Which is the greater threat, North Korea or Iran?
Juan Cole, who teachers Middle East history at the University of Michigan, made an interesting comparison on his web log.
North Korea has eight nuclear weapons. As Cole noted, its ruler, Supreme Leader Kim Jong-Un, has threatened to attack United States territory. North Korea has 1,106,000 troops under arms, including 85,000 in its Air Force. Its armed forces have 3,500 tanks and 8,500 artillery pieces
Iran has zero nuclear weapons. As Cole pointed out, its ruler, Supreme Leader Ali Khamenei, has stated that Iran will never use nuclear weapons because killing innocent civilians is contrary to Islam. Iran has 585,000 troops under arms, including 30,000 in its Air Force. Its armed forces have 1,613 tanks and 3,500 artillery pieces.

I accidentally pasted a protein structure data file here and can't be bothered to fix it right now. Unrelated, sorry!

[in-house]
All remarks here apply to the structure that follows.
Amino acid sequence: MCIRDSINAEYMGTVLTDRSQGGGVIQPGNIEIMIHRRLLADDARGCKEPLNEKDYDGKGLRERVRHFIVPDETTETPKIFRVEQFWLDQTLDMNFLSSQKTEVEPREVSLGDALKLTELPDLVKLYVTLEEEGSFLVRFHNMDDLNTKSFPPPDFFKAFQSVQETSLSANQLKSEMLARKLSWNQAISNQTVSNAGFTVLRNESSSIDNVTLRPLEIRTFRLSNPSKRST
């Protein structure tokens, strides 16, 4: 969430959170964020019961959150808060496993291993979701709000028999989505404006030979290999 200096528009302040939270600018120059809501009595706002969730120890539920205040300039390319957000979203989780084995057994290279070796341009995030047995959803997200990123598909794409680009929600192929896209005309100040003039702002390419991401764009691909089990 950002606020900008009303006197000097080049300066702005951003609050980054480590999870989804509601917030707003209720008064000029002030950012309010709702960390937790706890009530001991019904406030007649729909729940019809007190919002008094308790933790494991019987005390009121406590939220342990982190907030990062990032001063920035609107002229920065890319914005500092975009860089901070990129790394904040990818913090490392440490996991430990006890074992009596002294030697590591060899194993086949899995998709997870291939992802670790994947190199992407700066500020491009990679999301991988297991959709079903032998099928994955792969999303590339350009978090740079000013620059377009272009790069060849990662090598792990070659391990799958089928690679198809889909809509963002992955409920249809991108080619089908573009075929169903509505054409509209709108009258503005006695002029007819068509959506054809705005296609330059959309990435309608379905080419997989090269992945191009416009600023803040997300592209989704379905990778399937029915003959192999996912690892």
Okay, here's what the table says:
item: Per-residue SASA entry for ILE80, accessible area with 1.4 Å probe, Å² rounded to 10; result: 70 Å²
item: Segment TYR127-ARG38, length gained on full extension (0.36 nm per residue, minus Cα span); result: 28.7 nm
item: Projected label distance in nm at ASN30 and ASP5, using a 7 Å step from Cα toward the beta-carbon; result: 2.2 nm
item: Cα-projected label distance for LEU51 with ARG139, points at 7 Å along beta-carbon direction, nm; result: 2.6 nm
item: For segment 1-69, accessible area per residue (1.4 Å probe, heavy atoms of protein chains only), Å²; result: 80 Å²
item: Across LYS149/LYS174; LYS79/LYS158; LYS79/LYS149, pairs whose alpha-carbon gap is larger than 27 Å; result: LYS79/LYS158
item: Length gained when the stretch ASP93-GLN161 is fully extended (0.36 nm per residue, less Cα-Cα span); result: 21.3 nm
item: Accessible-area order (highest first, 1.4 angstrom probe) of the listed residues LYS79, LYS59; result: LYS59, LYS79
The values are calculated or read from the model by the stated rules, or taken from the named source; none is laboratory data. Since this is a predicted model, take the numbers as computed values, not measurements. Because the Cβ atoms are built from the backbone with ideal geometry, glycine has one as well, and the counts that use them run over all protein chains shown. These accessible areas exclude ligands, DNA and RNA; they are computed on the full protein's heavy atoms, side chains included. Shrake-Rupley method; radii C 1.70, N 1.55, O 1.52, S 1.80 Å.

Why, then, does the United States treat North Korea’s government with such forbearance while threatening and waging economic warfare against Iran? Part of the answer is that it is safer to threaten a nation that might someday get nuclear weapons than a country that already has nuclear weapons. But I don’t think this is the main reason. The North Korean government must know that the United States military has the power to obliterate its armed forces.
The main reason that the North Korean government has the power to engage in threats and blackmail is that it is perpetually on the brink of political and economic collapse, and that if that happened, the U.S., Chinese and South Korean governments would be faced with the question of how to deal with 25 million desperate starving people in a state of anarchy. It is easier to tolerate provocations—up to a point—than to deal with that responsibility. I wish I knew a better answer, but I don’t.
Click on If N. Korea Is the Threat, Why Is All the War Talk About a Weak Iran? for Prof. Cole’s post on his Informed Comment web log.